The reality in the world of global politics is that the framework in which affairs of great importance are conducted does not always favour small states. The EU process is more advanced, a comfortable space to be in if you are a small state although one has to accept that there are always competing interests and ideals which means states do not always agree on every policy prescription from Brussels.
This serves as a reminder that the EAC members won’t always agree on everything, but merging states together in one political union would render the organisation more effective.
Why? Because by getting rid of various small centres of power (i.e. national governments) that are in constant political competition and defence of national interests, one hopes that the union would then focus on modifying policies, creating coherent mechanisms and would have greater space and autonomy to pursue and achieve the regional economic and political interests.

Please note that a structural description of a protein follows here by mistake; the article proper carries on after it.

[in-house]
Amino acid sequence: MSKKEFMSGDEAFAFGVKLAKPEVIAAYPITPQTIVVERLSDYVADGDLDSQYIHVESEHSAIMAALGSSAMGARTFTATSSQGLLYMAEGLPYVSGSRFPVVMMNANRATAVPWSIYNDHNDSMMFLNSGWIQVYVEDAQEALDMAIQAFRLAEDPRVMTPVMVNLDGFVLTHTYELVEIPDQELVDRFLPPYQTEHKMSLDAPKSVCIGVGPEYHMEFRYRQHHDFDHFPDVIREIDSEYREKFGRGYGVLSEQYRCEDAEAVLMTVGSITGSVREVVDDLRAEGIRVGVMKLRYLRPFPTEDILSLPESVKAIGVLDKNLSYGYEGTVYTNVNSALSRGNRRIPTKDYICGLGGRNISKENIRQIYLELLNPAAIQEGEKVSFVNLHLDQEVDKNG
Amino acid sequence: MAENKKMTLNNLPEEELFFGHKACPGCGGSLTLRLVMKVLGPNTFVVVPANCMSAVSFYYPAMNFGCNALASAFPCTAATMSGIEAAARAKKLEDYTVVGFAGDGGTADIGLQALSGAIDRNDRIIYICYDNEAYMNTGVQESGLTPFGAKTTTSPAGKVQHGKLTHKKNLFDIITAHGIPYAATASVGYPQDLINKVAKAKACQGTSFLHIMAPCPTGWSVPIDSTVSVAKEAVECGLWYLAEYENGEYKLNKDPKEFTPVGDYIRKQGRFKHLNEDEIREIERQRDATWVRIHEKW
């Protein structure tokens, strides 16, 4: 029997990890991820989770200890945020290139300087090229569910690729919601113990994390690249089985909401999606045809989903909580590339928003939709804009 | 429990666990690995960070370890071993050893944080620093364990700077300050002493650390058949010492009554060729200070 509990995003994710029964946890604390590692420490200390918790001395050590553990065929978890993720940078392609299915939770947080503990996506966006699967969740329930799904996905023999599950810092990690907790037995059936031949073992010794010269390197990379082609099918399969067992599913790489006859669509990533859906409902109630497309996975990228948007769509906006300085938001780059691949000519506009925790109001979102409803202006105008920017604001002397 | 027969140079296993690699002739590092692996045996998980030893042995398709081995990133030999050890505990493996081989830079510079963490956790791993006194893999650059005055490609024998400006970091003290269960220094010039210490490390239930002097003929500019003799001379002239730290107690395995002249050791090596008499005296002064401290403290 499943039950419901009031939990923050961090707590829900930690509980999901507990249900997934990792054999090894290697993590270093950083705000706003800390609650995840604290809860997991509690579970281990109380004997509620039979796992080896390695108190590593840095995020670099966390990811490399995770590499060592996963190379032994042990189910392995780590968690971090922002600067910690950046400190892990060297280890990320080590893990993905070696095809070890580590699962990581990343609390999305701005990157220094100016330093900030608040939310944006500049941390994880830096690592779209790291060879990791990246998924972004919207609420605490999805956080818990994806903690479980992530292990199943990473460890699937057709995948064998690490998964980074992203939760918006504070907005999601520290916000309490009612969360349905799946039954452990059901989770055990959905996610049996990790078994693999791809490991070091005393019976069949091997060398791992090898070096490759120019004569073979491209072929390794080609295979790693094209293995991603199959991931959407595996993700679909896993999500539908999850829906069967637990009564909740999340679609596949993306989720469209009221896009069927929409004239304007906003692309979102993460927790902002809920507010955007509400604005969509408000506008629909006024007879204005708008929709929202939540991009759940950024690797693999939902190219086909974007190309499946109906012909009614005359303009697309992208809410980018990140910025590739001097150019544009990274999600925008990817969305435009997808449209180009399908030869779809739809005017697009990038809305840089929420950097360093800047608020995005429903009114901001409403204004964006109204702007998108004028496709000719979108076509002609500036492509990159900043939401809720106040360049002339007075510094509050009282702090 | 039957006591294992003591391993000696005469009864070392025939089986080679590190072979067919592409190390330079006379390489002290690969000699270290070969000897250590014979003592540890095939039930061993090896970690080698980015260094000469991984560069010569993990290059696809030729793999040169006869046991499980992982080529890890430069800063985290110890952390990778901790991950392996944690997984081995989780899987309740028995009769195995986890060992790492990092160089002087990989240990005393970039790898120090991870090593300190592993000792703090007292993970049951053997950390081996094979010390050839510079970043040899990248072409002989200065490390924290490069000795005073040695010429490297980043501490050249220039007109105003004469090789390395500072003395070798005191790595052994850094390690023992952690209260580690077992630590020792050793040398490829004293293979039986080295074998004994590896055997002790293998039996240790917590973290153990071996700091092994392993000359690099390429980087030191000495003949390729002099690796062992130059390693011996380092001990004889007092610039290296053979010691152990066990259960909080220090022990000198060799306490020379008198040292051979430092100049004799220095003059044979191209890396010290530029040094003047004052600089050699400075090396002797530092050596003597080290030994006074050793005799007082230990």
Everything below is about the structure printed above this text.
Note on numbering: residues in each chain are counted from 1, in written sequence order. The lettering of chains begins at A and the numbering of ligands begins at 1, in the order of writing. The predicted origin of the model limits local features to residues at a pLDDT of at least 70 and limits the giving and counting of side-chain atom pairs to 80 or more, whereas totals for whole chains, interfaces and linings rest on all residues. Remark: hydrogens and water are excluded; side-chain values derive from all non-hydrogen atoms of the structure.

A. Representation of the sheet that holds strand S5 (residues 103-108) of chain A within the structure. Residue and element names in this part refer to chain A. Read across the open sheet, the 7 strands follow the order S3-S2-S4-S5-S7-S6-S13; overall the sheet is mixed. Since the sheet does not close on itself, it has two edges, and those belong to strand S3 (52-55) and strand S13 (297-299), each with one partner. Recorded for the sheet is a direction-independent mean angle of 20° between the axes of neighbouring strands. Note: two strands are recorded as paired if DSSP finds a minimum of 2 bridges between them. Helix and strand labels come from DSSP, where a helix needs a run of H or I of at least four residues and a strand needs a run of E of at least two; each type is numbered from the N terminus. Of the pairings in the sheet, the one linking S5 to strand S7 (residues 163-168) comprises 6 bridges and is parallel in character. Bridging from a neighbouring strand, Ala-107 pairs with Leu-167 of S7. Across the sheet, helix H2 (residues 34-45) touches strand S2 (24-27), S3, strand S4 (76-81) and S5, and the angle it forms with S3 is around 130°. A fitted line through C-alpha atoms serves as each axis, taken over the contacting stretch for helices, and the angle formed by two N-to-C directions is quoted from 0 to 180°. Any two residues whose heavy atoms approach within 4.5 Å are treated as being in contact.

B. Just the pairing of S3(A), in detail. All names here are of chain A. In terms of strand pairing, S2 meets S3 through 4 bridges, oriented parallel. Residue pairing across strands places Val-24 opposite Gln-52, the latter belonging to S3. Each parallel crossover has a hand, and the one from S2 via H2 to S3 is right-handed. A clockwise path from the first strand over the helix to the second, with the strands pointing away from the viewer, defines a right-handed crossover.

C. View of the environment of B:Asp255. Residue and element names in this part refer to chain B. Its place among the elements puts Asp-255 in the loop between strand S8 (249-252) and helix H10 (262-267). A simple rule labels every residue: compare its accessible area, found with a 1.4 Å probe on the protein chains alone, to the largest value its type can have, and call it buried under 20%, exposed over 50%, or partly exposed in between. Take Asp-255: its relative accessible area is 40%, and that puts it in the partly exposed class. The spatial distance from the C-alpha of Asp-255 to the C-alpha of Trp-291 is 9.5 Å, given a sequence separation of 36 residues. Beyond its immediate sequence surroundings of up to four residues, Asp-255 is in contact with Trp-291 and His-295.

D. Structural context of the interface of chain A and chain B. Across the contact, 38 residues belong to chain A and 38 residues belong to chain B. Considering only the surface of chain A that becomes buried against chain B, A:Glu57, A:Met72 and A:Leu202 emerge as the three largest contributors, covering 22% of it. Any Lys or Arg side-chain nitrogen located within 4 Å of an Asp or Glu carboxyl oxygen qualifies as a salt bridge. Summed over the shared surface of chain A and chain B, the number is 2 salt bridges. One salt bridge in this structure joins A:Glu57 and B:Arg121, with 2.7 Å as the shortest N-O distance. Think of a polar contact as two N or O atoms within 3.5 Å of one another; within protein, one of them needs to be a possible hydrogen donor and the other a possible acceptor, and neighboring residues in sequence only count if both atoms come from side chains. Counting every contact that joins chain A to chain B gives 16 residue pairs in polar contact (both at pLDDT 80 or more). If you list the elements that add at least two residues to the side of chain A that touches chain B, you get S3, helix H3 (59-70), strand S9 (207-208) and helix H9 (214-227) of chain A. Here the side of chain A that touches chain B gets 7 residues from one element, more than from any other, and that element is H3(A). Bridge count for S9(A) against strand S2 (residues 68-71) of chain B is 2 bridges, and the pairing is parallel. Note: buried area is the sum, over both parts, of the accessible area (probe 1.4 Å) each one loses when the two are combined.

With a shift in political paradigms in the world, power does no longer solely reside in persuasion or coercion but increasingly from information sharing and attraction, which are essential for the development of soft power- and the promotion of the latter is the key aim of public diplomacy.
For small states, public diplomacy represent an opportunity to gain influence and shape continental and international agendas in ways that surpass their limited hard power resources- related to size, military, and economic strength.
There is absolutely no doubt in one’s mind that tackling regional existing problems and facing up to the evolving ones, the EAC needs a deeper and meaningful integration rather than a superficial one that plays into the hands of not only economic competitors; but also those who gain from the region’s constant instability and political immaturity.